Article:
Just as April showers bring May flowers, our transition into May can only mean 2 things: school is almost out (can I get an AMEN?) and once again, it’s time to celebrate the strong women we proudly call “Mom.” In my case, I chose to make my grand entrance into this world on May 13th, which means that most years, I end my birthday celebrations with Mother’s Day brunch with my mama (sometimes I think she planned it this way – I definitely wouldn’t put it past her).
Every year, I shower my mom with lots of love, pampering, and the occasional bling bling, and while she enjoys it, I know she loves the quality time we spend together even more. This year, I wanted to give her something more meaningful – I want her to know that she is the reason I am the outdoorswoman I am today. My mother has taught me more life lessons that I can even begin to count but below are 5 of the most important lessons that have had the most impact on my time in the field.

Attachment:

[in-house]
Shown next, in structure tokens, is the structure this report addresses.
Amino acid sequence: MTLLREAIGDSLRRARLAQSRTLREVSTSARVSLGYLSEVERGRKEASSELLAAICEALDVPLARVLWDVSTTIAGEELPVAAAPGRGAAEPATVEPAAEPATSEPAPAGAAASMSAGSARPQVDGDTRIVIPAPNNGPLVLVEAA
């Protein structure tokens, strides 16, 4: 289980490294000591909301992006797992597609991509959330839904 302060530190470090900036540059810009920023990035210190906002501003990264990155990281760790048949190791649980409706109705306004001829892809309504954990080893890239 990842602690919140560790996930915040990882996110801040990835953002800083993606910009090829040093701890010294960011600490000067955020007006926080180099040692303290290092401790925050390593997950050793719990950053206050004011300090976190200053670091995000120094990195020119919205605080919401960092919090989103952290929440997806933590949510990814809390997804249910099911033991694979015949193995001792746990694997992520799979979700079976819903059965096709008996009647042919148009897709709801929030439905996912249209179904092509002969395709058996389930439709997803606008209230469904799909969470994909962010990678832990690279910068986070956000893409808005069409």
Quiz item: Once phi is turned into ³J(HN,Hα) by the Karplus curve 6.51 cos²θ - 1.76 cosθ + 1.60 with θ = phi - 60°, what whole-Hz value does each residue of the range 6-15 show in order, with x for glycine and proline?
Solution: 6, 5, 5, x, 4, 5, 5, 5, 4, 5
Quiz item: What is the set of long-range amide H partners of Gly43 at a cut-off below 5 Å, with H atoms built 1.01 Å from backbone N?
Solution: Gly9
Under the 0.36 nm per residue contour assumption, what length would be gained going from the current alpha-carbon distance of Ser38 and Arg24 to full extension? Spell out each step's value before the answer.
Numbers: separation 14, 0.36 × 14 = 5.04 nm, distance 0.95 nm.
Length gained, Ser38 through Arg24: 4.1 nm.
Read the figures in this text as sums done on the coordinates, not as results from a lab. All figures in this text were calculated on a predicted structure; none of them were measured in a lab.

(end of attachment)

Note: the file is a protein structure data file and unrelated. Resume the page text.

Lord knows this was the hardest lesson I’ve ever had to learn! Let’s be honest, I’m still learning the meaning of patience, but I’ve come a long way since my childhood, where I would’ve happily turned down dinner in an effort to get to dessert faster, and I only have my mama to thank for this one. Without her constant lessons in patience, like saving my money for something I desperately thought I needed (I can still hear her voice saying, “You need that like you need a hole in your head.” – slightly extreme but it got the point across), I wouldn’t be able to spend long hours sitting under a tree, willing a tom to answer our calls or trekking miles in the hot sun, on the trail of a big buck.
Patience is everything when it comes to nature, whether you are growing your own food or hiking 10 miles up a mountain for a single breathtaking view. Mother Nature runs on her own schedule, and if it weren’t for my mother, I wouldn’t have the patience for field-to-plate. Thanks, Mom; I won’t be skipping dinner anytime soon!